Smaller salary increases were the norm for finance professionals in 2018, including CFOs.

Treasury and finance professionals got an average 3.5% base salary increase last year, according to the Association for Financial Professionals, compared with 4.3% the year before. Staff-level finance team members saw bigger increases in base salary (3.9%) than those in the management and executive tiers.

Base-salary increases for both executive and management tier finance professionals fell about 1 percentage point from 2017. The data was produced by the Association for Financial Professionals for its annual compensation survey, which polled nearly 3,600 finance professionals holding 22 different job titles.

Among the executive positions — CFOs, vice presidents of finance, treasurers and controllers — controllers garnered the highest average base salary increase in 2018, 3.6%.

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Chief financial officers got a particularly low base salary increase of 2.9%. That was compared with the more than 5% boost they saw in 2017. CFOs’ average base salary for 2019 was $234,433 (see chart). At organizations with $1 billion or more in revenue, the average was considerably higher — $395,603. CFOs in the Northeast and in the West also drew higher salaries.

Despite smaller salary boosts, CFOs and other executive titles saw higher average bonuses last year — a jump of 23% over 2017. The average bonus for executive-tier professionals was $81,731, or 42% of base salary (for CFOs it was $119,501).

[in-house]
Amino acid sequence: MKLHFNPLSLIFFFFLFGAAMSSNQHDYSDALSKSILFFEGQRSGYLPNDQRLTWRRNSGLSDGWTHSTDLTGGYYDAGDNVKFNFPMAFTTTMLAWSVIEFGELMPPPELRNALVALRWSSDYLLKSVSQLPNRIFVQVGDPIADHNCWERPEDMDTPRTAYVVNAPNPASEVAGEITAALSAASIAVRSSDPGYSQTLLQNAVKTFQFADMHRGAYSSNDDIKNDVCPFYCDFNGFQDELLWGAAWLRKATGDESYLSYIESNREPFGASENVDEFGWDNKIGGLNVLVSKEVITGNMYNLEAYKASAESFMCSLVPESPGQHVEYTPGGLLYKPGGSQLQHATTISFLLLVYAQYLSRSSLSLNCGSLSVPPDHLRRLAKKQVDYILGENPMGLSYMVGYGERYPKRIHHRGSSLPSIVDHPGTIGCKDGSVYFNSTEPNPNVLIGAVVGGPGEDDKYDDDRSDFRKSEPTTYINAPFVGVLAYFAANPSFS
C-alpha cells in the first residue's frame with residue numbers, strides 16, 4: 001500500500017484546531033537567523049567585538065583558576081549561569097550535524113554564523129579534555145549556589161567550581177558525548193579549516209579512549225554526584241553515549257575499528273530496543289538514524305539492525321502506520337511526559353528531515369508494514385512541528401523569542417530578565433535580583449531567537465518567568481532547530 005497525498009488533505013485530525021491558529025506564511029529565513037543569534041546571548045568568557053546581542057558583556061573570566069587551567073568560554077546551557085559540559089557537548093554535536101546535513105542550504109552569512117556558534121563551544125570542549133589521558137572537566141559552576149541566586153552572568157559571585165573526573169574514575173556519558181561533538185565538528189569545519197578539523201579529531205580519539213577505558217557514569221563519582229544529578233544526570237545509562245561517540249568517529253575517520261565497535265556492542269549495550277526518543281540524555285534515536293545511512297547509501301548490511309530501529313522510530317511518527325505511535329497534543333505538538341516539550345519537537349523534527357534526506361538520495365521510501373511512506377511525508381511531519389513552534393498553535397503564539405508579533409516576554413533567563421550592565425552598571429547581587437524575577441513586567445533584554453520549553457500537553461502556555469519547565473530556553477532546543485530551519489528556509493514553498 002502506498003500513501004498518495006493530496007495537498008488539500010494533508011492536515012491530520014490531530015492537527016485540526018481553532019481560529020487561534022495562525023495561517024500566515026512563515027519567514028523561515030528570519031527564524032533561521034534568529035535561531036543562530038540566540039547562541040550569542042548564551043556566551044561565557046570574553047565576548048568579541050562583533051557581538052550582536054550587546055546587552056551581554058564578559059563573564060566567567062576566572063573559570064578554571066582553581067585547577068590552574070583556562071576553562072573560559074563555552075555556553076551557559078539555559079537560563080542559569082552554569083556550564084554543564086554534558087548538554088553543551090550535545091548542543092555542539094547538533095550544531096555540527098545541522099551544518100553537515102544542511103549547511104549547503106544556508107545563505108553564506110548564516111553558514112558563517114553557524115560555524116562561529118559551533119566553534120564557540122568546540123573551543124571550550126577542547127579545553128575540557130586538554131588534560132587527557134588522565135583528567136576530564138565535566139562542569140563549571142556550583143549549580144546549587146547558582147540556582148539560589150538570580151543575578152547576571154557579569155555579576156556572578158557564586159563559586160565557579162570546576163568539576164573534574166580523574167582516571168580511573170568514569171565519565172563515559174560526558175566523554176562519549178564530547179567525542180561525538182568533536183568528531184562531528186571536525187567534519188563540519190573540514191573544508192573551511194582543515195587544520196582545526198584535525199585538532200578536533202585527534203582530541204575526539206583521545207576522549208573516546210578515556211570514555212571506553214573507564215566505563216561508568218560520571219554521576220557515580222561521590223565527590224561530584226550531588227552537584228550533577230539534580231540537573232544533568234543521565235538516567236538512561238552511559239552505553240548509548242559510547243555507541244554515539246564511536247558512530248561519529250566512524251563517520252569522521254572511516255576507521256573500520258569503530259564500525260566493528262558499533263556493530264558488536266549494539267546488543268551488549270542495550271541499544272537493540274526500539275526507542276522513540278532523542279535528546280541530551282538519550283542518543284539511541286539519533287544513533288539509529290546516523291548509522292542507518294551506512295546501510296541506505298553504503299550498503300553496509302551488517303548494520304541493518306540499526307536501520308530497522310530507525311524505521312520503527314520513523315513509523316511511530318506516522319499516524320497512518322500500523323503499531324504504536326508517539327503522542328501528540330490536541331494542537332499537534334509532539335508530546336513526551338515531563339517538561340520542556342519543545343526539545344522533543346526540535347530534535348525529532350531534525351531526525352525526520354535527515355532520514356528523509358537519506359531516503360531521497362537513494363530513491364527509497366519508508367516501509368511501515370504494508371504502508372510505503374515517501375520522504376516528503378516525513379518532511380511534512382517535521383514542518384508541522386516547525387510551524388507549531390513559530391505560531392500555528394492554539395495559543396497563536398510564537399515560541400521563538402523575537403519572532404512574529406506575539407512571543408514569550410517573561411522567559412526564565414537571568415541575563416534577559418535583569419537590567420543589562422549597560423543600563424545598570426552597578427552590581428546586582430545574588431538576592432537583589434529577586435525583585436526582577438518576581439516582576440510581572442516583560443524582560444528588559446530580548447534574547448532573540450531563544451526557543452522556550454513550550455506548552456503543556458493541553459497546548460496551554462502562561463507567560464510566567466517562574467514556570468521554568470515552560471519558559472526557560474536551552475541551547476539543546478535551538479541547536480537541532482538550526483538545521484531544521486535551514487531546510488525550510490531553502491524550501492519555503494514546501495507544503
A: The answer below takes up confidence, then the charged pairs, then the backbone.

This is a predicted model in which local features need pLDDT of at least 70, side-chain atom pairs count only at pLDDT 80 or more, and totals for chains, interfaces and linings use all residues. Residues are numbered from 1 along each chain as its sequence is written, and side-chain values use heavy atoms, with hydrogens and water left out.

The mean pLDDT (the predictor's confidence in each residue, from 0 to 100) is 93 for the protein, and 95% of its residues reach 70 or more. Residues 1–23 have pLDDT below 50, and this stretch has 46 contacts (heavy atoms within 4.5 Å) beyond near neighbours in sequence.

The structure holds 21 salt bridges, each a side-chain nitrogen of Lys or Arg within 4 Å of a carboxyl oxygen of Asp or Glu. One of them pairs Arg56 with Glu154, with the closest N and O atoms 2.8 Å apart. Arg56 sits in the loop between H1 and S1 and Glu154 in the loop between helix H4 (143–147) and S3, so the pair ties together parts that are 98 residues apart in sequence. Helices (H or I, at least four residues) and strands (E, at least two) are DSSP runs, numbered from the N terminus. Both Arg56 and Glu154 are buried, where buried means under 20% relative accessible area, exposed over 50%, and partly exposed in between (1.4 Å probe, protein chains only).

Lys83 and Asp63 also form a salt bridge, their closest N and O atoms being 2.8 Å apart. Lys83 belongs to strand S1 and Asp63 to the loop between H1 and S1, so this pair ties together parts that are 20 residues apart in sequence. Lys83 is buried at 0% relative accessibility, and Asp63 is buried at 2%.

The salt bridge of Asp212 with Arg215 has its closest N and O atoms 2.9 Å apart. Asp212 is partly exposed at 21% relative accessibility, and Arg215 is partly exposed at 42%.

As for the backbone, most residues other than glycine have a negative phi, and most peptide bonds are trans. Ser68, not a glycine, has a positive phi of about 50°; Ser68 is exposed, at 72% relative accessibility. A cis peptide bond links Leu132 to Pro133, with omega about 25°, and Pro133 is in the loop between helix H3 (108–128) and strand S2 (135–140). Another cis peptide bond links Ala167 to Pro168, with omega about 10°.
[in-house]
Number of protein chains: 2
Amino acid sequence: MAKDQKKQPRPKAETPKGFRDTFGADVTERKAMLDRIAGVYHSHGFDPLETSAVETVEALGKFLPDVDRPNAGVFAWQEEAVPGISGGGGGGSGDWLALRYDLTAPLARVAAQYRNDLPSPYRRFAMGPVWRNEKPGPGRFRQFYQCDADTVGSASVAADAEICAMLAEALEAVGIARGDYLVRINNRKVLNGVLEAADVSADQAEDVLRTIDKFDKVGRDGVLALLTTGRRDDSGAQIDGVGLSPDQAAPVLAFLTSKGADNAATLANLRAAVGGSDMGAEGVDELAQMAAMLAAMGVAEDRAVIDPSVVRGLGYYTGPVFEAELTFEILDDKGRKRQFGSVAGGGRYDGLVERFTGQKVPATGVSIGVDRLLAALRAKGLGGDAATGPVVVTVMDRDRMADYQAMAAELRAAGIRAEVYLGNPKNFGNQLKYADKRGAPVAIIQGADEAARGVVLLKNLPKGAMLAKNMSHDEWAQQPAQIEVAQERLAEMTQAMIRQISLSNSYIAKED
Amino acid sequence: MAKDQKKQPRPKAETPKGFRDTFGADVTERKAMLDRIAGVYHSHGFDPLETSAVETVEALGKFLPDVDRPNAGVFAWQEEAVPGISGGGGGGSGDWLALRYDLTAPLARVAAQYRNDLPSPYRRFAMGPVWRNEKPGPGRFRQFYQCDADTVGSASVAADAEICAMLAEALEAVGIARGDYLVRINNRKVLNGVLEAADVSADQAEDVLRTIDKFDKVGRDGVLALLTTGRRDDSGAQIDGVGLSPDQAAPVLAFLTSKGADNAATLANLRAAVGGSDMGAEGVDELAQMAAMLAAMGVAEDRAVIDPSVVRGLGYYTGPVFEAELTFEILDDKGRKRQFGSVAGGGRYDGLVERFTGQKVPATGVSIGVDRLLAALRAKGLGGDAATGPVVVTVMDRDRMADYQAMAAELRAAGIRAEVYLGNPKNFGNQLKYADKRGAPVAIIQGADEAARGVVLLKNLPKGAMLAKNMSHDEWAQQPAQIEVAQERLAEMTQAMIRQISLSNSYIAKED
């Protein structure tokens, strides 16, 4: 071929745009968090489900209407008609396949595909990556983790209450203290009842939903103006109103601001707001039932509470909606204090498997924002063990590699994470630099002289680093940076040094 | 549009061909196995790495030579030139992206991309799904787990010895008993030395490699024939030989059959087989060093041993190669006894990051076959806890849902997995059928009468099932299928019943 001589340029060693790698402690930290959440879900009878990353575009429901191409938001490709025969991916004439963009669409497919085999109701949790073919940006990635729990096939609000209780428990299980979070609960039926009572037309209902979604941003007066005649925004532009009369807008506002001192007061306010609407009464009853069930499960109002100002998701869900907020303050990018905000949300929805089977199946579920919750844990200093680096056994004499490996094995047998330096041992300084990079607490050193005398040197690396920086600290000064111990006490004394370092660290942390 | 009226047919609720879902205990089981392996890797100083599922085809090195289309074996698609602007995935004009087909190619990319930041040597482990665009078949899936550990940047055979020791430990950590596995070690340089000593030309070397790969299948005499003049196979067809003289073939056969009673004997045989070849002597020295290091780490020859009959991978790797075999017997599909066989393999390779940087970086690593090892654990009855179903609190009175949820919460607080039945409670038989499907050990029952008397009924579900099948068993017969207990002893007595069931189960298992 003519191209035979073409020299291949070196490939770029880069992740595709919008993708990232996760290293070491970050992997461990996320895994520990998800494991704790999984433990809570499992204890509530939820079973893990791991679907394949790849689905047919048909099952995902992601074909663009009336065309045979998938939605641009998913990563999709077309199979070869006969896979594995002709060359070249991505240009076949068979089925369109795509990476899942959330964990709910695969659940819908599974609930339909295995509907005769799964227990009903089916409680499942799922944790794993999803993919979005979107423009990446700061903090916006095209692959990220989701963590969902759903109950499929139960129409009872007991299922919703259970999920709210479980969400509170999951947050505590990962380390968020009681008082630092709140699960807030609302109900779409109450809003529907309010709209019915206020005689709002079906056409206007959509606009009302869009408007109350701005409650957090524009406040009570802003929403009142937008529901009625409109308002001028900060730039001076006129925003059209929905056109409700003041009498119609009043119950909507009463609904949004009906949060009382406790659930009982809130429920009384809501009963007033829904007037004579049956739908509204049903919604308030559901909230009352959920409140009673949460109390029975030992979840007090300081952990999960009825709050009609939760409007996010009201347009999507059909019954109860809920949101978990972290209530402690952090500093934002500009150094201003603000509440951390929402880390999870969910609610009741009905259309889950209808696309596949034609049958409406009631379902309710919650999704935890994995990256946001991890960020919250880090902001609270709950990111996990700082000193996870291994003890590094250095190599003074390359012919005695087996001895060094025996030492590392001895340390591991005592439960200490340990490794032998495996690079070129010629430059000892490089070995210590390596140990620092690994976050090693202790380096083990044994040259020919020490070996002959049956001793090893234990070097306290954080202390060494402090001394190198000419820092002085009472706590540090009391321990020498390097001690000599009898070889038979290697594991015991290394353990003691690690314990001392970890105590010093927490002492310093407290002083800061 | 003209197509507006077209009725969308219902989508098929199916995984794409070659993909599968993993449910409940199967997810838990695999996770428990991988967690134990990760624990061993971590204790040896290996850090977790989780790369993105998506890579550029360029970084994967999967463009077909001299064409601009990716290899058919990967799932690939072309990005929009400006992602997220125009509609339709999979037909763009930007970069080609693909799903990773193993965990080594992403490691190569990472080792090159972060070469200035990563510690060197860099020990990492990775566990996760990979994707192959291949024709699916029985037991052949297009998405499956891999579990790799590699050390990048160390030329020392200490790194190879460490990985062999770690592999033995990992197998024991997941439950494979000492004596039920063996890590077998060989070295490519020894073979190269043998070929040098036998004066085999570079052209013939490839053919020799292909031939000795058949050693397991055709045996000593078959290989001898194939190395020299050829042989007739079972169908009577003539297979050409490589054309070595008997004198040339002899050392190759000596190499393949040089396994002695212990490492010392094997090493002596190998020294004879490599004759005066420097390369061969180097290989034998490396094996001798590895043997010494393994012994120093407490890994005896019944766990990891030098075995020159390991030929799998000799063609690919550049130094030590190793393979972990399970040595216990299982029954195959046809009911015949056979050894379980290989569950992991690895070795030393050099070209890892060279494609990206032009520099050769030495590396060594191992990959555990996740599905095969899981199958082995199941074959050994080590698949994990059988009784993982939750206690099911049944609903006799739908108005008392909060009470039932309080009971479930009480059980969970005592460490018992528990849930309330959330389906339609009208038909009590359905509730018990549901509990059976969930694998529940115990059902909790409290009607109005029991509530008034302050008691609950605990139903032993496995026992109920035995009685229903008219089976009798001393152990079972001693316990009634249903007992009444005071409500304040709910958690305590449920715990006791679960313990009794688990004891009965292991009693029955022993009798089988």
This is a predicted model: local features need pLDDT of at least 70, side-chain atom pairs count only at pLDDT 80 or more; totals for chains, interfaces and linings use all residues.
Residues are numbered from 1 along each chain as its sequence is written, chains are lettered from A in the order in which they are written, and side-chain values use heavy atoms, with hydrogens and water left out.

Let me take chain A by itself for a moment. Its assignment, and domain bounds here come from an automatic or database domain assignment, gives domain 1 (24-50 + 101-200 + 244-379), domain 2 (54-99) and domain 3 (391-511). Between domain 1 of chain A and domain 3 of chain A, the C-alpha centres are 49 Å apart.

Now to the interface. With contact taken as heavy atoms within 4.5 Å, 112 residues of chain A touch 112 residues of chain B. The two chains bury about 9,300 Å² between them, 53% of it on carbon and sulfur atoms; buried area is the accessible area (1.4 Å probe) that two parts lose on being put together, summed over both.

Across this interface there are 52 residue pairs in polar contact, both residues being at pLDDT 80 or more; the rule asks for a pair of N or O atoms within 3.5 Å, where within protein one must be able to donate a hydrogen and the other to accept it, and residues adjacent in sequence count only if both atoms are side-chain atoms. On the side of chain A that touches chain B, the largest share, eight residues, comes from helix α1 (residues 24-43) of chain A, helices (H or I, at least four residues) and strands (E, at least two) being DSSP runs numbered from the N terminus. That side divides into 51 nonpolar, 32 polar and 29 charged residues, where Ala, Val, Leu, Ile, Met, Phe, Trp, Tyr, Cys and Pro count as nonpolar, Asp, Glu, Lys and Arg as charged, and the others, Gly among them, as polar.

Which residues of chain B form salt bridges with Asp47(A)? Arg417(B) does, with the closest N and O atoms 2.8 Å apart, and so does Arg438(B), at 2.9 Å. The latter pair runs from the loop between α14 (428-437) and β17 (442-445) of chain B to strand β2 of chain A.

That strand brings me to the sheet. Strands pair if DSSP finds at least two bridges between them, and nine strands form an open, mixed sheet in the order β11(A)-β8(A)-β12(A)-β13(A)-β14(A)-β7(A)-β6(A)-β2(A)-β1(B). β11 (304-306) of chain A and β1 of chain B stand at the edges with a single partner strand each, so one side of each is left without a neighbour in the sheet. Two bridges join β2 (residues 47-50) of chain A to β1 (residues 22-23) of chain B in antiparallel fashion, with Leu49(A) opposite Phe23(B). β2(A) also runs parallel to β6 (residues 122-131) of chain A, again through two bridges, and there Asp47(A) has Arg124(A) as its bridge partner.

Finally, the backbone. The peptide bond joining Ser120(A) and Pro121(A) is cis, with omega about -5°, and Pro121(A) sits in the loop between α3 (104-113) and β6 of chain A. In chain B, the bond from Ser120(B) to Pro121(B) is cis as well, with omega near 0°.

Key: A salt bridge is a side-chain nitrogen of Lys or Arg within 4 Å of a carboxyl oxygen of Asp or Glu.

Bonuses were most often awarded based on operating income or EBITDA (earnings before interest, taxes, depreciation, and amortization) targets (61% of companies). Completion of specific projects (48%), profit or increased profit (46%), and sales or increased revenue (33%) were also popular measures determining bonus awards.

Given all the talk about finance department skills, the AFP asked its members about which competencies finance professionals need most. More than half (55%) of respondents cited “strong analytical skills,” and more than one third said “leadership and people management” (37%). “Communication skills with internal and external stakeholders” was the third most chosen, at 32%.

Although leadership and other people skills were judged essential, a large share of survey respondents — 37% — said financial professionals at their organizations lack leadership skills. In addition, one third ( 33%) also perceived a dearth of “strategic and innovative skills,” and almost one third (32%) said finance executives’ interpersonal skills were wanting.

When asked about what led to upward mobility and career advancement in finance, respondents most often cited “increased job responsibility,” at 86%. Other factors high on the list were contribution to profitability (69% of respondents), earning a professional certification (36%), earning an MBA or other advanced degree (30%), and becoming a CPA (24%).

The AFP survey, conducted in February 2019, collected data on total compensation earned by financial professionals during calendar year 2018 as well as data on base salaries effective January 1, 2019.

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